- If you’re reading this guide, don’t go jumping into continuing superhero storylines without guidance. They’re a tangled mess of canon and backstory that will just confuse you. Aim for classic, standalone pieces. So, don’t just pick up Superman. But Superman: Red Son? Pick it up.
- Follow your favourite writers and artists, not favourite series or characters. More specifically, follow writers and writer-artists as opposed to artists. Everyone likes cool illustrations, but it’s a far worse experience to read a badly-written comic with good art than it is to read a well-written one with bad art. So learn which writers you like; most of the best have excellent runs on a surprising array of creator-owned and company-owned work. Maybe you’re a Garth Ennis person. Maybe you’re a Brian Michael Bendis person. Or maybe Warren Ellis is more your speed.
- Don’t worry about starting in the middle. Publishers of serialized super-hero comics sometimes advertise that such-and-such issue is a great jumping on point for new readers. Non-readers, meanwhile, fret that most ongoing comics will be too impenetrable for them to understand. Forget about all of this. Jump into the middle of something. See if there’s anything you like about it and then, if you’re intrigued, load up on back issues.The longest-running arcs in comics right now are things like Brian Michael Bendis’ 8-year run on an array of Avengers comics and Grant Morrison’s 6-year run on a batch of Batman books (both concluding in the next 12 months by the way). Even those massive runs are chopped up into 4 or 6-issue arcs, so you’re never more than a few issues from being at the start of something. You can always go back and fill in from the way beginning if need be.
- Size up your wish list and plan to fulfil it accordingly. Many of the books people will rave to you about — Watchmen, Maus, Ice Haven, We3, to name a few — can be read in an afternoon with time left to read a second. These comics are no bigger a risk to your time and budget than a dinner at a restaurant you’ve never tried before. Longer, iconic series such as Sandman, Preacher, Transmetropolitan, Y The Last Man or The Walking Dead run 60-100 issues (and still going, in the last one’s case). These longer runs take much more time to read can cost more than $US100 to obtain in print. This may drive you toward piracy. Avoid temptation!; comics creators get paid crap money as it is. Consider either getting the trade-paperbacks, which is still pricey or doing legit digital downloads, which, if you catch a sale, is way cheaper. But, remember, you probably have a friend who can lend you a collection of one of these longer runs so that you can see if it’s your thing.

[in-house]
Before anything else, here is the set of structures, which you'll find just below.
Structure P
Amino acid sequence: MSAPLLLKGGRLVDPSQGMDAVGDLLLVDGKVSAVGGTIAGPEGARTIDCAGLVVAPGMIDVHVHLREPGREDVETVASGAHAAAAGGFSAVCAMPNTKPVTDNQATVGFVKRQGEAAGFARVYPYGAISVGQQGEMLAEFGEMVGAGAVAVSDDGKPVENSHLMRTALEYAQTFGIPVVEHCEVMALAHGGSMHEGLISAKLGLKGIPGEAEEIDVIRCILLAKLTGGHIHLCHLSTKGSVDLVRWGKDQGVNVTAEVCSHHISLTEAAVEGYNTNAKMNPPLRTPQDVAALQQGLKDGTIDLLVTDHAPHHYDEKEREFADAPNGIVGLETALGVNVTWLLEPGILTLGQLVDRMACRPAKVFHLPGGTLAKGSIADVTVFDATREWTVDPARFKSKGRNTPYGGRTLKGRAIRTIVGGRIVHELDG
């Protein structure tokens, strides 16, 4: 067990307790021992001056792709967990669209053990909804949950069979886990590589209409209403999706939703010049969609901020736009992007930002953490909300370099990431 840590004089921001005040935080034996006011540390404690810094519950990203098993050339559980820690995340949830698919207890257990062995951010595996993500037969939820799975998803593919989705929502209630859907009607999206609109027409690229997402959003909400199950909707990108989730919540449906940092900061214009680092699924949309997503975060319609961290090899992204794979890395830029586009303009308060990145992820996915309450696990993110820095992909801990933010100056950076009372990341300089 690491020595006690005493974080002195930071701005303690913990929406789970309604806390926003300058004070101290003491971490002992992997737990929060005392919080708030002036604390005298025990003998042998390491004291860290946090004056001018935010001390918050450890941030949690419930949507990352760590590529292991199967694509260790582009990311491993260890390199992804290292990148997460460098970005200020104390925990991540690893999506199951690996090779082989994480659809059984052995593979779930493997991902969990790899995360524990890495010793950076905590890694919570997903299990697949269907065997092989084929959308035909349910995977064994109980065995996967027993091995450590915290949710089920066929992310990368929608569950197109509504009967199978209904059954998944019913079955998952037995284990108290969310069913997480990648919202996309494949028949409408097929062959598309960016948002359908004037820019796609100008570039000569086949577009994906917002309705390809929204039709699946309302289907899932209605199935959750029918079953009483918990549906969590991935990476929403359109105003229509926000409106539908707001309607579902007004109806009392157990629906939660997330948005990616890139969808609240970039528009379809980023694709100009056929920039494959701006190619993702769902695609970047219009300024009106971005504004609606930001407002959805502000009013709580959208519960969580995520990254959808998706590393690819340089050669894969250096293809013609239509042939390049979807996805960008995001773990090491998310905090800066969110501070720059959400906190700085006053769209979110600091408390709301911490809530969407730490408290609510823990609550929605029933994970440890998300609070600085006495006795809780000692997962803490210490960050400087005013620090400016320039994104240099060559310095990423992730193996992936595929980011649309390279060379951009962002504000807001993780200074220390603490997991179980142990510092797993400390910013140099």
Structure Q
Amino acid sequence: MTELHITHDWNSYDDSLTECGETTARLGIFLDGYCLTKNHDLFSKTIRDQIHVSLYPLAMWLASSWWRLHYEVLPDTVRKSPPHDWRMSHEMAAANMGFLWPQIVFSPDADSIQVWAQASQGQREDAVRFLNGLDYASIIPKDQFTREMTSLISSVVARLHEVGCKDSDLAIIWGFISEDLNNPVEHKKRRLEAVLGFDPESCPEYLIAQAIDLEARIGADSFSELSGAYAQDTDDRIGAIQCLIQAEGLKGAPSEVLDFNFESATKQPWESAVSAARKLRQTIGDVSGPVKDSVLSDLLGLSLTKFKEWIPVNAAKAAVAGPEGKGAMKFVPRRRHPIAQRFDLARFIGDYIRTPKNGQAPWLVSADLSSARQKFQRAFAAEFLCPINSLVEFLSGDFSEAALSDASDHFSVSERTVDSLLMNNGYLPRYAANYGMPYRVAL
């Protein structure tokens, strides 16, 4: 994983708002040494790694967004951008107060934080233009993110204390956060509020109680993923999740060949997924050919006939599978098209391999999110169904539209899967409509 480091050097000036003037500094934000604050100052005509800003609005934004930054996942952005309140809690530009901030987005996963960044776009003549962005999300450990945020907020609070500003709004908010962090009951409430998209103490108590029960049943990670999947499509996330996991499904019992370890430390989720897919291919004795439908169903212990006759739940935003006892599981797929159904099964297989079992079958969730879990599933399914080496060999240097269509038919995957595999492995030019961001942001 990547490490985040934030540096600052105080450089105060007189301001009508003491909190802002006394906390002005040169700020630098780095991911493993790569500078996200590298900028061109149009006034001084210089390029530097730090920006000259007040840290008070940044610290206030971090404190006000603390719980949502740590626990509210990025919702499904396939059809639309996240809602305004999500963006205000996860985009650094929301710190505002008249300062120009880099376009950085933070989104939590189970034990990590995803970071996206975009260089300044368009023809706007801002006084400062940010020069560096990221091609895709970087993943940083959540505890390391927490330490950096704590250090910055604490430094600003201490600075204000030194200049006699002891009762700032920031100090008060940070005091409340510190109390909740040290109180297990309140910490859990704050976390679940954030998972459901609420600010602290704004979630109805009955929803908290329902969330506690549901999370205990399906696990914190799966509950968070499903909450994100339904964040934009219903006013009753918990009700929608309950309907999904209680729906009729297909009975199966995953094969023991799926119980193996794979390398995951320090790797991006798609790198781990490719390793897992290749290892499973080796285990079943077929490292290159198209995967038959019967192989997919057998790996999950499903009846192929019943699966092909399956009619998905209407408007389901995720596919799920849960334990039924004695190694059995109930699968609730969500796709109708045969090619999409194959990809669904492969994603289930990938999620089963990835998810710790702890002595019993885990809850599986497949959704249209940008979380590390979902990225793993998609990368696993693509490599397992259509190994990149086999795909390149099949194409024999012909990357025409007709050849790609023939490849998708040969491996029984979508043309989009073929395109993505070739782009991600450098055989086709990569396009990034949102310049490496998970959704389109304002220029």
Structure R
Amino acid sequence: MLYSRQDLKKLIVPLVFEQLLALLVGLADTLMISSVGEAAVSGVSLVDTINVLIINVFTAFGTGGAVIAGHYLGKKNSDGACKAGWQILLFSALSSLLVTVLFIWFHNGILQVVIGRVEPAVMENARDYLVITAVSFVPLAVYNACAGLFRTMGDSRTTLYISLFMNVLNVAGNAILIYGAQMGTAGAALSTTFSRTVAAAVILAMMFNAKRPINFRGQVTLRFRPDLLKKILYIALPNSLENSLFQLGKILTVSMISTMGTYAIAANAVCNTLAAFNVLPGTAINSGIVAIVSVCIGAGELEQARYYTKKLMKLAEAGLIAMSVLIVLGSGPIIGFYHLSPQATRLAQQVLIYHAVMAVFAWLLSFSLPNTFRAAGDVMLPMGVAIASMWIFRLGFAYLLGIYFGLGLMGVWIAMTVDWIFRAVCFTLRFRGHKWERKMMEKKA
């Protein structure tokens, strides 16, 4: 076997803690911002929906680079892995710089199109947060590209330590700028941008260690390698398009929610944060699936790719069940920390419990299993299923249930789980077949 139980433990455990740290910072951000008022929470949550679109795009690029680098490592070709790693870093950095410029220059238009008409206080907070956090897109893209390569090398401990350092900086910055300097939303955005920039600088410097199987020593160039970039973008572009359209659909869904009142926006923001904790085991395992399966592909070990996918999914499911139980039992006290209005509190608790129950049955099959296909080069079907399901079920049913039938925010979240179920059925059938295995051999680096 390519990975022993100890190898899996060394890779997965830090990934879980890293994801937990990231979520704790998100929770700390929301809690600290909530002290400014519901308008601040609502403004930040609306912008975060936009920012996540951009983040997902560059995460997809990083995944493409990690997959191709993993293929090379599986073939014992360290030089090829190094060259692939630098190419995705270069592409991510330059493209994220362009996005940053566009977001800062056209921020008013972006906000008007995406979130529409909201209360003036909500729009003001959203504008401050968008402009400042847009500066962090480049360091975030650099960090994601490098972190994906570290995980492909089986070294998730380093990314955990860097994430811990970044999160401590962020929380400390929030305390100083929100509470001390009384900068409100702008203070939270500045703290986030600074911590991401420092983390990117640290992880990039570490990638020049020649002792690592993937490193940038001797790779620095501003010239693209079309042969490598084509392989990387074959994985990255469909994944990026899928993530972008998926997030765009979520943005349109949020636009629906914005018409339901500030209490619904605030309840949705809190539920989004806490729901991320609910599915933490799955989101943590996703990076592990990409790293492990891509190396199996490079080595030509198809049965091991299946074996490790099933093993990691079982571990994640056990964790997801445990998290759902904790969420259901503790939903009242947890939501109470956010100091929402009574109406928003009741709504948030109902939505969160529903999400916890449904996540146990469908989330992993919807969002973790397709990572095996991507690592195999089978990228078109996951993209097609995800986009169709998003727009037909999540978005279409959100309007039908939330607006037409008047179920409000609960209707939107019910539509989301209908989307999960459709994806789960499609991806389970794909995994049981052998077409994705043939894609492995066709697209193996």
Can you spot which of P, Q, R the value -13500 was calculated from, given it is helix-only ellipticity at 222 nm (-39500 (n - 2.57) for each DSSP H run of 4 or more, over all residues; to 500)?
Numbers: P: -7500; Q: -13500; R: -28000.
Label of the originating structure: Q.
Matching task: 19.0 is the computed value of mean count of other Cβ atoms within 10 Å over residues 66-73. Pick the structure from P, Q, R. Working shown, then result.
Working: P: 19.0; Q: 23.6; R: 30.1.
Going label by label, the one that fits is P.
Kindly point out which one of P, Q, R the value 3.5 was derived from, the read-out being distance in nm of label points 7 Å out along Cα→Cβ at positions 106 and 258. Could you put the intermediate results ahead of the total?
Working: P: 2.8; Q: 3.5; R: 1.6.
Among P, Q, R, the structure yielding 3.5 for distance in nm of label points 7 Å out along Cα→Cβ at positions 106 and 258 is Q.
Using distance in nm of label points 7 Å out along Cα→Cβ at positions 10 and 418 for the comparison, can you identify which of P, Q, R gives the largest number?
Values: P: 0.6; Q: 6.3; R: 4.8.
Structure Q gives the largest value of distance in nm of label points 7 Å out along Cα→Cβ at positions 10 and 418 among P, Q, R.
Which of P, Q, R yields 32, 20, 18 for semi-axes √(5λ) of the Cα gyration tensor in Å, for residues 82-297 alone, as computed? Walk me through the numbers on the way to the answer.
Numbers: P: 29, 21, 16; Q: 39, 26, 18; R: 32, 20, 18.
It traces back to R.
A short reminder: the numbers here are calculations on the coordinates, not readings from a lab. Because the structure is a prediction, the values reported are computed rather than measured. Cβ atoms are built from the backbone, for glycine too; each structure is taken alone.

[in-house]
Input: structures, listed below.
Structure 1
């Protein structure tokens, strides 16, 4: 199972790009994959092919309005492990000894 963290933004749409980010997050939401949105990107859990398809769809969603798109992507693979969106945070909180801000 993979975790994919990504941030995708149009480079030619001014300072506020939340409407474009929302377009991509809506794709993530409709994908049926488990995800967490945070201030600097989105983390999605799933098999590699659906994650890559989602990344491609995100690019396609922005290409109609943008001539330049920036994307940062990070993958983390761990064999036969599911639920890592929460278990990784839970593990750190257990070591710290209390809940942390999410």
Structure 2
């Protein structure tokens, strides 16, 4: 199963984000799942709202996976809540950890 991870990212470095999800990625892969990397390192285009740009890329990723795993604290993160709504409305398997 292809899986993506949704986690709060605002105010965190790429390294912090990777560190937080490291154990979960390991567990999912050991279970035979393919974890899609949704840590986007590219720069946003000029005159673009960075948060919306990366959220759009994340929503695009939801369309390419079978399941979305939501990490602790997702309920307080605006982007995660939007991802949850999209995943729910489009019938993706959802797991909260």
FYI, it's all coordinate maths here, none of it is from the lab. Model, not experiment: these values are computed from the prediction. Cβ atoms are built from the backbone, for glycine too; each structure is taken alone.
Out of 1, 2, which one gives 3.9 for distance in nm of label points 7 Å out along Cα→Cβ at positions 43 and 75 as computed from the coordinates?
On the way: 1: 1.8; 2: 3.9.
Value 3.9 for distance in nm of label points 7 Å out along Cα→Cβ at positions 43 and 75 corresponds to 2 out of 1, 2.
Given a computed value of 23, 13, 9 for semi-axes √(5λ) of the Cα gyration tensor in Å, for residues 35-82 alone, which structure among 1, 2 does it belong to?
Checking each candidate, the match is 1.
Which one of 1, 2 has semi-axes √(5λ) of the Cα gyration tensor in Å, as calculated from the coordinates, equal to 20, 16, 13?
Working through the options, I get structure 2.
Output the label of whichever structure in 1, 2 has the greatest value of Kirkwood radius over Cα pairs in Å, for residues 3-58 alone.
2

- Read some modern comics, and then read some Will Eisner’s The Spirit (look for a best-of collection; skip the early part of the run) or Jack-Kirby-drawn Fantastic Four (sampling the first few issues of that is fine). These two guys are seen as the pioneers of the field and probably the two greatest artists in its history, but both did work that’s an acquired taste. The same holds true for alt-comics godfather R. Crumb. Trust us. It may seem backwards, you should try to attain your literacy in modern comics before going back to try to appreciate the masters. But, when you do, you’ll be in for a treat.